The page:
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Sensory Language Centers

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BC: As a bit of a disclaimer, this is an ever-evolving, ever-growing set of activities. As I learn and grow, so do the activities I present to my students! :)

FC: Ms. Henderson's Writing Class 2009 - 2010 | Sensory Description and Voice

1: Purpose | During our unit on sensory description and using voice to enhance writing, I decided that I wanted my students to get a chance to personalize their writing a bit beyond ownership in a desk with their imaginations dwindling. Thus, I put together a series of centers that would allow them hands-on ownership of the words they chose. From taste-testing to deductive reasoning, my kiddos had a blast thinking critically during this engaging lesson.

2: List of Centers: | 1. Voice in Action ~students would observe then discuss in their group various voices that might be associated with each provided painting. I brought several pieces from home, ranging from James Ensor to Van Gogh to Juarez Machado, for the students to use. After discussion, they produced a dialog that would match the scenery and mood of each painting.

3: 2. Cackle, What?! ~In this center, students used a previously compiled list of sensory description words to illustrate scenarios that would be applicable. The criteria for credit stated that they must use at least 5 words from each sense and the scenarios must speak for the word themselves. This worked out great! The scenarios I read for the word 'rancid' were hilarious! | 3. Bottle Sense ~This center remains popular every year. I give the students 6 bottles covered in black butcher paper and a 'cue words' list to help them brainstorm and identify smells. For each bottle, students had to correctly describe, not identify, each smell from the bottles. The substances were widely varied and completely random. The conversations/arguments trying to pinpoint the smells were hilarious.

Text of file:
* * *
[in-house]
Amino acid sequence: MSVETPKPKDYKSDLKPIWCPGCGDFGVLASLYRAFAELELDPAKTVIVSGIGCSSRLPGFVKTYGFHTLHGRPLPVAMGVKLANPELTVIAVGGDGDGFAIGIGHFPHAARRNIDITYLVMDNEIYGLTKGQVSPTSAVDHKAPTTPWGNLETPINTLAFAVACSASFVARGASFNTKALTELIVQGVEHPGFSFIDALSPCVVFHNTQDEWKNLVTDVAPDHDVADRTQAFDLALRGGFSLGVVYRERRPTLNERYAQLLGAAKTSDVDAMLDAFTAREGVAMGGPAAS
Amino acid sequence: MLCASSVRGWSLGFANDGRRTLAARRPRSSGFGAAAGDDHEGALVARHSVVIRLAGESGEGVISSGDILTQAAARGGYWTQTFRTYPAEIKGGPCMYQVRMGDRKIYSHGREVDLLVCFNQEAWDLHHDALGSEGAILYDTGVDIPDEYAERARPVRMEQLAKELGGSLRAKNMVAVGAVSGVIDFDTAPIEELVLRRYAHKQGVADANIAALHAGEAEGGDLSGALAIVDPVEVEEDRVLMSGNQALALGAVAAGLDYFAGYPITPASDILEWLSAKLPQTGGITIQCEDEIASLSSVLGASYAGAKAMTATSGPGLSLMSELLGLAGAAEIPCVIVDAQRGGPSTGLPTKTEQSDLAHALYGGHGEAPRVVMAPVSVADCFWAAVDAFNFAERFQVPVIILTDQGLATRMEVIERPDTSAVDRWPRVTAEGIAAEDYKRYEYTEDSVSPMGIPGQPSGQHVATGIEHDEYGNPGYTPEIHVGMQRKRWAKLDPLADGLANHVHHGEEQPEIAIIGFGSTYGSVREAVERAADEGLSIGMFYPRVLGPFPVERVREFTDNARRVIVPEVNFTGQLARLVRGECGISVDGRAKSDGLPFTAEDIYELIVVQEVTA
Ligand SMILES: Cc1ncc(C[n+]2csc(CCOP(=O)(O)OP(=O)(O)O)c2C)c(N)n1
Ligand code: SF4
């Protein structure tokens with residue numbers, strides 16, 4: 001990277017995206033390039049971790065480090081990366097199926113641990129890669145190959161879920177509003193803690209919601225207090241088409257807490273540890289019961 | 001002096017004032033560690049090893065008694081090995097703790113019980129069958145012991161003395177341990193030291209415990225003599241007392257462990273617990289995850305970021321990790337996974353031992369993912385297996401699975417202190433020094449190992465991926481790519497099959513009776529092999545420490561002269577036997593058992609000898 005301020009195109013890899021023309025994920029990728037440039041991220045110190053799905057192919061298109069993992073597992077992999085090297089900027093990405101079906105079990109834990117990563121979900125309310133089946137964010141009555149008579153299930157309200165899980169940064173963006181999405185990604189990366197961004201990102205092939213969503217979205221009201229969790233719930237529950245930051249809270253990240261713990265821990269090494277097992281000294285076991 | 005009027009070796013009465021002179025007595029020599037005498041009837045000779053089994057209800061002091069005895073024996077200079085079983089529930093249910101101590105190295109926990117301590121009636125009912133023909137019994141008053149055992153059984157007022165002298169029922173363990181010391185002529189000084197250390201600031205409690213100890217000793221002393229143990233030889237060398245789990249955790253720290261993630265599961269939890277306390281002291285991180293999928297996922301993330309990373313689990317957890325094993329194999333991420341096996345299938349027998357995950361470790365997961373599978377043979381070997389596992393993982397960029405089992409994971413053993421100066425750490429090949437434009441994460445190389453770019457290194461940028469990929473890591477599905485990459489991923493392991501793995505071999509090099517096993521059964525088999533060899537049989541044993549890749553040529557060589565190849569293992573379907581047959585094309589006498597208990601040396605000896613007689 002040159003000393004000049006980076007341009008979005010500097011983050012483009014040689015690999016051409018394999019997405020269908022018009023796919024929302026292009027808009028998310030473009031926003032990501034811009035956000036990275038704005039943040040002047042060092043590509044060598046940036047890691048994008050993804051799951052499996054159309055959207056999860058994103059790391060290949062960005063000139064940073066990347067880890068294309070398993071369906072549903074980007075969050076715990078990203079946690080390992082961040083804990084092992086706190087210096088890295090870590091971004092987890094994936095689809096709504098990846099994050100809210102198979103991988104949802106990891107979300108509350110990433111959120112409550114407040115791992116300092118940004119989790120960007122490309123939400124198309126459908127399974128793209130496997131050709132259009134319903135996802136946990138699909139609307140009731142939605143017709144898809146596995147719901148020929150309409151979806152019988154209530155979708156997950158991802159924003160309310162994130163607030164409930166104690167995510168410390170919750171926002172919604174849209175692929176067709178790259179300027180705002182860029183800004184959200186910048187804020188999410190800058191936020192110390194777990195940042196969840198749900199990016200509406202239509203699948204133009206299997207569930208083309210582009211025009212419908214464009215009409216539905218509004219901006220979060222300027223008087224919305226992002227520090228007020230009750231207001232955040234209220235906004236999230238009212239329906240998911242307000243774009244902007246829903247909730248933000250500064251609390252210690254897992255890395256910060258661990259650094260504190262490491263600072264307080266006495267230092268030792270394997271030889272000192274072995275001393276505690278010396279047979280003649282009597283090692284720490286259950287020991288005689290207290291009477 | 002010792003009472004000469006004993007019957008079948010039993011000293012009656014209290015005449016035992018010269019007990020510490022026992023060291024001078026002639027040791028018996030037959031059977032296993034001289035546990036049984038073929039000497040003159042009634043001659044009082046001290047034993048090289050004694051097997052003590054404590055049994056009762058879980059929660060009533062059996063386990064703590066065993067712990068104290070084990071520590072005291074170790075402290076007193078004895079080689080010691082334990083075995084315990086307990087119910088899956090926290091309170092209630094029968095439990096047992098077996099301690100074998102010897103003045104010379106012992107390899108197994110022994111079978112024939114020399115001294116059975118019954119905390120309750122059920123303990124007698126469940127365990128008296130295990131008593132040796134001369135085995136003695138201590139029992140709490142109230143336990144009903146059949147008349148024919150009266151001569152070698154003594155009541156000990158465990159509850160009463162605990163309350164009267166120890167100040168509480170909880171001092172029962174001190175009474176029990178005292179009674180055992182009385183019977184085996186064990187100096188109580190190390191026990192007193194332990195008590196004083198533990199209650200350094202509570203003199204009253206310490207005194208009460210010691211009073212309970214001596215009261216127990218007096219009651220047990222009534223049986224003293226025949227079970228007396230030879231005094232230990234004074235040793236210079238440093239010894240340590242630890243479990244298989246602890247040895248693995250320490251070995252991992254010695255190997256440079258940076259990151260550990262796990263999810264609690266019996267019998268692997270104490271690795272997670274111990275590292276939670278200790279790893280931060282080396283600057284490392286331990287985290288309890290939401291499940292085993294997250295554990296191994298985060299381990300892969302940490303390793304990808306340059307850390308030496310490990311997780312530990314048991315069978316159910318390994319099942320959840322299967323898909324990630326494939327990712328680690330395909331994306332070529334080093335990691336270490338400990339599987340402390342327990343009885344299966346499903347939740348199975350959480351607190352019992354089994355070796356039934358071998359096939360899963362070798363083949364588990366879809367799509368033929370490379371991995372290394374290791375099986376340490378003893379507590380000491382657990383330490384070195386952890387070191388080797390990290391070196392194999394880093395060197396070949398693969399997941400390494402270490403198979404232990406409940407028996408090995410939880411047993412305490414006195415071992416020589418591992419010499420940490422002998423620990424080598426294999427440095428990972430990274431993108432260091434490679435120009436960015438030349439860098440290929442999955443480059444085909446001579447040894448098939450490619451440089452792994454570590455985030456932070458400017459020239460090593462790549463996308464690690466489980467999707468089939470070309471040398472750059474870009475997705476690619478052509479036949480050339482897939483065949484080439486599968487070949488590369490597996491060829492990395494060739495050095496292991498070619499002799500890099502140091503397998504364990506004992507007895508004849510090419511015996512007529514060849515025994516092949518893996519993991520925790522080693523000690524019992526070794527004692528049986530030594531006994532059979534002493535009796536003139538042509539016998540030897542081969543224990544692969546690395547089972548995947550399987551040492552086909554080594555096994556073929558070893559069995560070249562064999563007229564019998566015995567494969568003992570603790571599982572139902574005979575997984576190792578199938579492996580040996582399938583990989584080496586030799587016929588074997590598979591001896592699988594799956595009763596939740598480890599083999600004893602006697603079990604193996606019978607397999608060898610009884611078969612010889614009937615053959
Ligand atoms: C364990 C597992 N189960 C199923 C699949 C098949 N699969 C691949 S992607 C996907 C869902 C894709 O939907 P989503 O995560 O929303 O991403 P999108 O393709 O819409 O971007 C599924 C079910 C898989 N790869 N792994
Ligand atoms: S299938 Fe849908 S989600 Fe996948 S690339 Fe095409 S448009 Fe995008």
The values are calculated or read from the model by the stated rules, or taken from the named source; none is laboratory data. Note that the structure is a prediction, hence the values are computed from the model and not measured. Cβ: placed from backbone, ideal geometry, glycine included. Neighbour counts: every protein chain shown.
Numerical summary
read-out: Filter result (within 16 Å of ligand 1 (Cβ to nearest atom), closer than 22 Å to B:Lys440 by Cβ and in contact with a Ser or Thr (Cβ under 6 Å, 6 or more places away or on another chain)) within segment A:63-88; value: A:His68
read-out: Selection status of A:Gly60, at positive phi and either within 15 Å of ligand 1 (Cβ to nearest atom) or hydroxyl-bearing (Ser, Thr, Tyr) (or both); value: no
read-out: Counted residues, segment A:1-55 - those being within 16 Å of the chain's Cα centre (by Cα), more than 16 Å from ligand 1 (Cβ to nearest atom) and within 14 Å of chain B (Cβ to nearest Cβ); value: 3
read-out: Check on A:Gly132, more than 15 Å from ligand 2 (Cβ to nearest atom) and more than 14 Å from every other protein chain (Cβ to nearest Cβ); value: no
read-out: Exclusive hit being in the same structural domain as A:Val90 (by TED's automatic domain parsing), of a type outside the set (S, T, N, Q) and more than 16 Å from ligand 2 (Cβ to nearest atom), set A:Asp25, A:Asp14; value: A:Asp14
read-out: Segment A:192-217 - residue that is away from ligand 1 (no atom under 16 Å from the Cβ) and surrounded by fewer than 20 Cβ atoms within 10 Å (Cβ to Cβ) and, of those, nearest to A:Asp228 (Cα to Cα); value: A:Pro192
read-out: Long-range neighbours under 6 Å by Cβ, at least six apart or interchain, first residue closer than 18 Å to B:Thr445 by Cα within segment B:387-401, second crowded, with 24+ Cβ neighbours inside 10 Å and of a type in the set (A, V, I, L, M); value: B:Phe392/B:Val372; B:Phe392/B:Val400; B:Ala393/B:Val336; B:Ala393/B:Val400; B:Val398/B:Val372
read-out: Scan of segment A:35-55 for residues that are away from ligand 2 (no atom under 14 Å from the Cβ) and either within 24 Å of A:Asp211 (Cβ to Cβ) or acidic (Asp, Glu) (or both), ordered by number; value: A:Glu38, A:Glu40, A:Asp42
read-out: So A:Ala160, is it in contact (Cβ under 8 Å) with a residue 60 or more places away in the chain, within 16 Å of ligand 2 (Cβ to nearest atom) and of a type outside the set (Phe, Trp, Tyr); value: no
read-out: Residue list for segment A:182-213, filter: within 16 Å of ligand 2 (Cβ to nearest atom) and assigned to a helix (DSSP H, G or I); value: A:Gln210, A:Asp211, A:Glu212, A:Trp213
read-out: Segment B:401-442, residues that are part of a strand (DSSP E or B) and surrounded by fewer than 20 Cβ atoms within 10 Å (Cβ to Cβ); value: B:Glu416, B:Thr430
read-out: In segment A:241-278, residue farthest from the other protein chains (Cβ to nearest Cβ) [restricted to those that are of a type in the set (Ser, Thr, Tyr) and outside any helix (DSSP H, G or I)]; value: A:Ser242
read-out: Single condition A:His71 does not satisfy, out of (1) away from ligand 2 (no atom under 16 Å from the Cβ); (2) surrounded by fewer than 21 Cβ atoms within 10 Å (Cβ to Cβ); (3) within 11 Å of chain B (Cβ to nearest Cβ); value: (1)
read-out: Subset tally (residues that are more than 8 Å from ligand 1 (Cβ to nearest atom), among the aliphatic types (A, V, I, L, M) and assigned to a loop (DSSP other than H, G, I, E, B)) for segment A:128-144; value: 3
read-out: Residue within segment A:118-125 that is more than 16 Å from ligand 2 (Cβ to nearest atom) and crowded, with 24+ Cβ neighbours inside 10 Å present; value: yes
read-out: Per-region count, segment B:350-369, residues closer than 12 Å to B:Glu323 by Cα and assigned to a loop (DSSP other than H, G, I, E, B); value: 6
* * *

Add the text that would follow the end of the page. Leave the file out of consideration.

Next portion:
4: 4. Sense me! ~For this center, I gave the students a list of random items and asked them to use each of the five senses to describe the item to their own connotative understanding. Surprisingly--and I'm not sure if it was just because they were all riled up from the days' activities or what, but--they found this 'sooo hard, Ms. H!' | 6. The Cooking Center ~Aptly named with not a smidge of creativity! The students got a chance to bake either smores or chocolate chip cookies. They logged notes as they worked, describing the process and reflecting on the ease and difficulty of working with their group members. Observation. Manipulation. Critical THinking. Oh, and of course, eating...

5: 6. Reflective Writing ~This particular center was set completely apart from the rest of the hub-bub in the hospitality room. I wanted the students to really sit and reflect on the whole point of these activities. They chose their own journal topics for this entry into their Writer's Notebooks and I made sure it was clear that they needed to focus on showing people their emotions, rather than telling them, using what we had been learning all unit with sensory description and voice. | Enjoy the pics of my 7th grade Writing class getting our learn on! :)

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  • By: janice h.
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  • Title: Sensory Language Centers
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  • Published: over 4 years ago

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